How JustAnswer Works:
  • Ask an Expert
    Experts are full of valuable knowledge and are ready to help with any question. Credentials confirmed by a Fortune 500 verification firm.
  • Get a Professional Answer
    Via email, text message, or notification as you wait on our site.
    Ask follow up questions if you need to.
  • 100% Satisfaction Guarantee
    Rate the answer you receive.
Ask Chris The Lawyer Your Own Question
Chris The Lawyer
Chris The Lawyer, Lawyer
Category: New Zealand Law
Satisfied Customers: 22698
Experience:  38 years qualified as a lawyer; LLB, MMgt and FAMINZ.
Type Your New Zealand Law Question Here...
Chris The Lawyer is online now
A new question is answered every 9 seconds

My sister in law died in a traffic accident last year. Her

Customer Question

My sister in law died in a traffic accident last year. Her Husband is to be charged for the accident and is not a very ethical person.
She had not left a will.
There are 2 children :23 years old and 25 years old.
she owned a house which is in her name on the title. Her husband wants to sell it.
His relationship with kids has fallen apart due to him starting a new relationship within a few months of her death.
She worked and the house was to be left for her kids.
I am concerned he will waste the money and not give the kids their fair share as are they.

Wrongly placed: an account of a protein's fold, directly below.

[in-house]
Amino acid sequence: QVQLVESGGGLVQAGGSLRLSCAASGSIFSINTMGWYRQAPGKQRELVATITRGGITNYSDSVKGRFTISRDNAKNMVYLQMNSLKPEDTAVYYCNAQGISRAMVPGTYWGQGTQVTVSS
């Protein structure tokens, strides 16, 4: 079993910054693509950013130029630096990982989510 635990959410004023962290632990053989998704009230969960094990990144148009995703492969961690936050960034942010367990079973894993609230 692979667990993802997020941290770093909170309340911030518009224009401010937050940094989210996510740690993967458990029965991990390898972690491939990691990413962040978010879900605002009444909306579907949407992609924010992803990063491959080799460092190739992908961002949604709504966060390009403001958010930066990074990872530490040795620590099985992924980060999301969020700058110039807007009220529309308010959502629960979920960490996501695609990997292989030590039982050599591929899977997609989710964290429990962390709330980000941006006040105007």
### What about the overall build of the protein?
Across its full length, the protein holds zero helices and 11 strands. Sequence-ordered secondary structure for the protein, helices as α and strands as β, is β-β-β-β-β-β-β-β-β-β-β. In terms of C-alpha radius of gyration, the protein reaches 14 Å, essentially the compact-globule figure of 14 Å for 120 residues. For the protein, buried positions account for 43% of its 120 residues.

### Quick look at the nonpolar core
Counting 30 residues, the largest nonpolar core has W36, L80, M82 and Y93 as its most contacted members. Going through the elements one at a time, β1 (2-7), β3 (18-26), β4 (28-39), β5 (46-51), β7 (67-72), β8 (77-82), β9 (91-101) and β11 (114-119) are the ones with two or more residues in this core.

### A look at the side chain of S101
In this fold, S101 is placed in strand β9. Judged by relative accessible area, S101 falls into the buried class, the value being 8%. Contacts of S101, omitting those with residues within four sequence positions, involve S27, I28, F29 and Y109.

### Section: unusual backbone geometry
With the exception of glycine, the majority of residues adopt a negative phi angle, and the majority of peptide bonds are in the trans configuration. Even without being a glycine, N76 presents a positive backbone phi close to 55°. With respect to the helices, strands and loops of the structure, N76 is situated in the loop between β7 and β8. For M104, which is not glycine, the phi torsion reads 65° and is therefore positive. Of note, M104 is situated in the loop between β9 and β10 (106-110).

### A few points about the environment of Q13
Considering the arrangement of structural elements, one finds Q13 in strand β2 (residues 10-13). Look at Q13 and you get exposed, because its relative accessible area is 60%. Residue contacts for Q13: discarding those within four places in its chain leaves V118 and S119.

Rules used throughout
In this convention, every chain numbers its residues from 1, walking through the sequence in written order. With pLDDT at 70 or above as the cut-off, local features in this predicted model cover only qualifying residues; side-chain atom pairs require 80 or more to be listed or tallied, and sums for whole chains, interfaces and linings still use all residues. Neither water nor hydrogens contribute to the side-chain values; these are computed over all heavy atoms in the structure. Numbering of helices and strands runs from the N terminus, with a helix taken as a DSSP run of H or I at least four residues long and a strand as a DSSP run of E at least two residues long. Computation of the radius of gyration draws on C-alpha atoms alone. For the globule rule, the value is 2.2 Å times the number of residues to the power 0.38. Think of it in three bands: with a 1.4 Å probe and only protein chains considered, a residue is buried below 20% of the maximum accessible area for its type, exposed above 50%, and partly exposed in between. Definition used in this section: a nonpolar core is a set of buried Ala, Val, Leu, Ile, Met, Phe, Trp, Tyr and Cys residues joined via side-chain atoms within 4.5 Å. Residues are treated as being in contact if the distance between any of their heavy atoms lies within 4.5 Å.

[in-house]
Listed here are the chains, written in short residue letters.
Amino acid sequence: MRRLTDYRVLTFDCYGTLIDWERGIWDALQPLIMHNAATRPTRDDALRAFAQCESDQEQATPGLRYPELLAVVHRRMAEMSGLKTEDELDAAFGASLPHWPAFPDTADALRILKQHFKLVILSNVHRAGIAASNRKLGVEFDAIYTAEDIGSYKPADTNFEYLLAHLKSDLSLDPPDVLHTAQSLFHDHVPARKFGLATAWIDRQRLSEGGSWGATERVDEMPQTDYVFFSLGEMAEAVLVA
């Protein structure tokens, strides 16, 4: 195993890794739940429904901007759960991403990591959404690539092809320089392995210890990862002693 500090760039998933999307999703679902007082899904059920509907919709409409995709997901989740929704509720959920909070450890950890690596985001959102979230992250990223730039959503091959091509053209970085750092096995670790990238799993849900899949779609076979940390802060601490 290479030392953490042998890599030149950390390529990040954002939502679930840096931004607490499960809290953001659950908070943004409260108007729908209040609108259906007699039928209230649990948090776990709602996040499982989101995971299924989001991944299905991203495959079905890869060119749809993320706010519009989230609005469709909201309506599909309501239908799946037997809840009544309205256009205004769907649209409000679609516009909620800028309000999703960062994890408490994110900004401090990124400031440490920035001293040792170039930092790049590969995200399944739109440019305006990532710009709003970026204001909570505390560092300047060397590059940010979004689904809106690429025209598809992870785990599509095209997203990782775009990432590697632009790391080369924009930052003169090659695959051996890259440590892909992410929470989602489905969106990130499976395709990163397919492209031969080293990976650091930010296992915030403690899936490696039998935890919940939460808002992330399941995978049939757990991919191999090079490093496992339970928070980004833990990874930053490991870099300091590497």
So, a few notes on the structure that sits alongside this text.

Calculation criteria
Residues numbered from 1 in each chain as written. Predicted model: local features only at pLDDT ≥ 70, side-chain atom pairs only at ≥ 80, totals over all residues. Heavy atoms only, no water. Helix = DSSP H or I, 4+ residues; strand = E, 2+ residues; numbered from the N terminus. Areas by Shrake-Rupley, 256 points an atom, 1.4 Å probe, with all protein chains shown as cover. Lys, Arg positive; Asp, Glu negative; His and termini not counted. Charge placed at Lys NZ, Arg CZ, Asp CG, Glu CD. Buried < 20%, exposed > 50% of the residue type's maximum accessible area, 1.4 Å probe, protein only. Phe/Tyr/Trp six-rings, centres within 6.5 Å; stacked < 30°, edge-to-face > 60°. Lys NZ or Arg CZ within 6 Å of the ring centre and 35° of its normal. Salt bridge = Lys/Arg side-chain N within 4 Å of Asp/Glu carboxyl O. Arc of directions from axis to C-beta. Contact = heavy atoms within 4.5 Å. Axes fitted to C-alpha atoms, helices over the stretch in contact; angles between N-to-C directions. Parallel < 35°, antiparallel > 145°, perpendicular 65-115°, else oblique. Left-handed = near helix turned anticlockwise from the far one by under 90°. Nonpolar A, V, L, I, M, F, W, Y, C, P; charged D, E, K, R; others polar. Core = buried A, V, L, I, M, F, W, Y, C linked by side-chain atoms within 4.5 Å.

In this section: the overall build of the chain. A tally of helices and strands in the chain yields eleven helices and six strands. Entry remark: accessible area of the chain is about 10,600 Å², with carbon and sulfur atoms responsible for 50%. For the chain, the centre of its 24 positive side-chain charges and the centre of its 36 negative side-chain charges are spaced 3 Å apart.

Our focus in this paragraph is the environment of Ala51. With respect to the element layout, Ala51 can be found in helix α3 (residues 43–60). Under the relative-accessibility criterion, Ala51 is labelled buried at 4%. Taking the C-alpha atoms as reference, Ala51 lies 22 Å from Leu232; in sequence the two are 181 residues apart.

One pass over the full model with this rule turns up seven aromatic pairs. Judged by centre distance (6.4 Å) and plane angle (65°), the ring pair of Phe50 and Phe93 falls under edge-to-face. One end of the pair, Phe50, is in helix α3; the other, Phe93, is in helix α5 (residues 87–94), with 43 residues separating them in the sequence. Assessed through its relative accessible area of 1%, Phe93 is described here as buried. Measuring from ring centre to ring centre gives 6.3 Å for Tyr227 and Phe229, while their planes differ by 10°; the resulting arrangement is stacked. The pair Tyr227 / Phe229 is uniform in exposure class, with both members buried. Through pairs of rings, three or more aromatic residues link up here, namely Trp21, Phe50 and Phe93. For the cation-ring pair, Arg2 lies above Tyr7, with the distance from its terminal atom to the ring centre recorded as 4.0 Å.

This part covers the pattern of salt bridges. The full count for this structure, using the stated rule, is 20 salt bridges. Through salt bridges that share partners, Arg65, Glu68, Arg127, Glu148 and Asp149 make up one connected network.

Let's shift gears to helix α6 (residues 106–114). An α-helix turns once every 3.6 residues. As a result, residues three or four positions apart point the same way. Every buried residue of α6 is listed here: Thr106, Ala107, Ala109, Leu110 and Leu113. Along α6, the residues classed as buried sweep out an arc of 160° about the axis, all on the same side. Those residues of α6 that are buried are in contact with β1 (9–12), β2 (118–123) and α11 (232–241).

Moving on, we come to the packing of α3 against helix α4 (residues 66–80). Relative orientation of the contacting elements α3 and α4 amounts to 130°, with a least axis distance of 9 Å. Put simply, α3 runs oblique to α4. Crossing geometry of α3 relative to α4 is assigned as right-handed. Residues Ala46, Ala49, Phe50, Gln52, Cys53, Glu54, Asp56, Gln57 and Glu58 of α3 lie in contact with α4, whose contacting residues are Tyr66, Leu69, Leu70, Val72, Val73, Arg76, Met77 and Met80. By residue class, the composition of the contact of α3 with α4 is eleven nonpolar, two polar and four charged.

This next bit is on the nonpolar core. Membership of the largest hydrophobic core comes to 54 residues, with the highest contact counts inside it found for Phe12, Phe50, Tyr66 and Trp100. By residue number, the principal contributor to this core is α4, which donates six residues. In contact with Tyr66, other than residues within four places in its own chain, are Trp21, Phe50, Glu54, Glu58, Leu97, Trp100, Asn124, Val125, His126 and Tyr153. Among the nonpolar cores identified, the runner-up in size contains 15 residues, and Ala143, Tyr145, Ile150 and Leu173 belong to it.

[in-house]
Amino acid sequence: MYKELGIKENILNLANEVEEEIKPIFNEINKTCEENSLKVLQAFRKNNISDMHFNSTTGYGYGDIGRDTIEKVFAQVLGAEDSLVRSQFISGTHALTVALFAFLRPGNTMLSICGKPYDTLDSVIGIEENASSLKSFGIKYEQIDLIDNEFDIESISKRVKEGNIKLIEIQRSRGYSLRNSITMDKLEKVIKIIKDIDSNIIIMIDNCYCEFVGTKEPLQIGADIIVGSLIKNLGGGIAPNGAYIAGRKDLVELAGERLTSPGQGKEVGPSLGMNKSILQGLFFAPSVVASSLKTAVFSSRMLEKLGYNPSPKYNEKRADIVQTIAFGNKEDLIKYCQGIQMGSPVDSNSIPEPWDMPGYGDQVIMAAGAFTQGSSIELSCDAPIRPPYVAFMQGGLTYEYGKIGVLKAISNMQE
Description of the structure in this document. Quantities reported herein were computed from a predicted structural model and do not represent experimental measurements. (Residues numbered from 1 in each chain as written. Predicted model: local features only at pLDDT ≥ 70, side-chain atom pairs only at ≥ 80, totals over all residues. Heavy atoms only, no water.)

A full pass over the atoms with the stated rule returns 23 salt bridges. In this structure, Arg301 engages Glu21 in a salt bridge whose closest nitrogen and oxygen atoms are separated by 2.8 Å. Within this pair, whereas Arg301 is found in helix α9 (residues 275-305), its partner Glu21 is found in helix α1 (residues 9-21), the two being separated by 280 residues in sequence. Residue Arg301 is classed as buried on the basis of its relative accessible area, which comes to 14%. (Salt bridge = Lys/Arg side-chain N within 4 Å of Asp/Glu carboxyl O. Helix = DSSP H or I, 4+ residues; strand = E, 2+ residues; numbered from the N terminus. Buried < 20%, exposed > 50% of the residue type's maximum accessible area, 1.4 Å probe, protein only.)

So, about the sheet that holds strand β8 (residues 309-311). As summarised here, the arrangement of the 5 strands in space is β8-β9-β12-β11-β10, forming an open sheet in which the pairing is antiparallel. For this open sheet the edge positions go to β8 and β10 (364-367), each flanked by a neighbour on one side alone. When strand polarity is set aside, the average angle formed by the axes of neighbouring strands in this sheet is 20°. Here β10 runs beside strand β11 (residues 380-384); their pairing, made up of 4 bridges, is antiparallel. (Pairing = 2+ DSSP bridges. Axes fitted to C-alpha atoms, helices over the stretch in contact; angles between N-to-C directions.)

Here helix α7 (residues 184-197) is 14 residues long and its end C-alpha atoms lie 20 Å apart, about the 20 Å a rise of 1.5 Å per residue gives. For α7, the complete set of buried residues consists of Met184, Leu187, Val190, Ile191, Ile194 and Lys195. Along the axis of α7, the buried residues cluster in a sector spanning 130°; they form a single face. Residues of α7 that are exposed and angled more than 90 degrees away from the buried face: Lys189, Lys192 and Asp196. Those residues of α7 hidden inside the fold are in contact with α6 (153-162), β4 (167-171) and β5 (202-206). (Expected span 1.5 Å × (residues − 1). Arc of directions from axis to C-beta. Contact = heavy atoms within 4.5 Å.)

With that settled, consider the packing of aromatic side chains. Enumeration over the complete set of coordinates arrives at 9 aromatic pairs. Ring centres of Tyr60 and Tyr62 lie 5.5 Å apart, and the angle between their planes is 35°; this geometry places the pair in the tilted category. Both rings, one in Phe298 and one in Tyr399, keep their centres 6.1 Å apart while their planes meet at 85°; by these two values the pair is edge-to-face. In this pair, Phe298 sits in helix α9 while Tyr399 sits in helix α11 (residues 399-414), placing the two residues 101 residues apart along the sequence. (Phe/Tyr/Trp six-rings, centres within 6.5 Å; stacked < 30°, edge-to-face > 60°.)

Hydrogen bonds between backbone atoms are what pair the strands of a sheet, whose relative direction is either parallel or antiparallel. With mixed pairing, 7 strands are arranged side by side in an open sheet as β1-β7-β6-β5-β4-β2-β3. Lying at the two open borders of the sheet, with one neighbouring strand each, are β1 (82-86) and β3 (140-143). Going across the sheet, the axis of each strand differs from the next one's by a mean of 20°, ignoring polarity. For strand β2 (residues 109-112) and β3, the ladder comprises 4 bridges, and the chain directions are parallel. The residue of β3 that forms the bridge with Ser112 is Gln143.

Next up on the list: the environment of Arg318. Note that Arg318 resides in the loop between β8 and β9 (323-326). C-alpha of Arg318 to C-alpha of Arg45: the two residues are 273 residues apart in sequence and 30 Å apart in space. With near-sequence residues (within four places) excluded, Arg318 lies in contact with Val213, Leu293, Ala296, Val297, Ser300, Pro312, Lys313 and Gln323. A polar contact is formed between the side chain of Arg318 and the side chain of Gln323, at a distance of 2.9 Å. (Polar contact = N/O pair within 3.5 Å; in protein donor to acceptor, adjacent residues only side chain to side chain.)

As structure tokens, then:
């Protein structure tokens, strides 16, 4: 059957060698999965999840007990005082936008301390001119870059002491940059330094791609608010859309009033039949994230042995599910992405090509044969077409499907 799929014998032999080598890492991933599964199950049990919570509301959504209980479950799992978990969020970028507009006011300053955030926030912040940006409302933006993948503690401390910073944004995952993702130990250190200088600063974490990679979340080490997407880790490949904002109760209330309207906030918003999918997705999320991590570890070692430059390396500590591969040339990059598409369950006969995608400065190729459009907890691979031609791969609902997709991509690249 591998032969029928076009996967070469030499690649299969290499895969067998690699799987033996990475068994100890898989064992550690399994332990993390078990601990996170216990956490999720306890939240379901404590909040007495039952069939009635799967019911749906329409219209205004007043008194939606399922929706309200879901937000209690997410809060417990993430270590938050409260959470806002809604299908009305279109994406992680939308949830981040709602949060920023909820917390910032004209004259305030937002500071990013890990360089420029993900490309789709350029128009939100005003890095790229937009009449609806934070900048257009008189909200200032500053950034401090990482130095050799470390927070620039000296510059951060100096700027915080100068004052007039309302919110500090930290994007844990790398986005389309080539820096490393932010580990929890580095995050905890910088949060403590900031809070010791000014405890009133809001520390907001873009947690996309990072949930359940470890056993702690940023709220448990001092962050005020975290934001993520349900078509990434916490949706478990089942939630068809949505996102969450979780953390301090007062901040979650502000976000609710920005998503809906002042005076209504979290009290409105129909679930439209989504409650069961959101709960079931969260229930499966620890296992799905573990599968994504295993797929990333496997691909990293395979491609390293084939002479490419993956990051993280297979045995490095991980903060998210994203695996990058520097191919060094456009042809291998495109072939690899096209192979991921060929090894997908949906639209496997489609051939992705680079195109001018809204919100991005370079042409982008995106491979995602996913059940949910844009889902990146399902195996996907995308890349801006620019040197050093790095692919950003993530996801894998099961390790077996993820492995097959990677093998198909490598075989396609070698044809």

Can they register a caveat on the property if there is already one on it (which no one seems to know why) to help protect their interest.
Can they find out why the caveat that is on the property is there?
Can you give me any idea of costs to register caveat please?
Submitted: 11 months ago.
Category: New Zealand Law
Expert:  Chris The Lawyer replied 11 months ago.

They could do this, and challenge the estate distribution. When there is no will the Administration Act has a formula for dividing the estate, and he would get the first part and the children would get the balnce. But this can and in this case should be challenged especially if he caused her death. They need to instruct a lawyer to freeze the estate and lodge a caveat if necessary. The lawyer can search the title for the property and see what has been registered, and if there is a caveat already

Related New Zealand Law Questions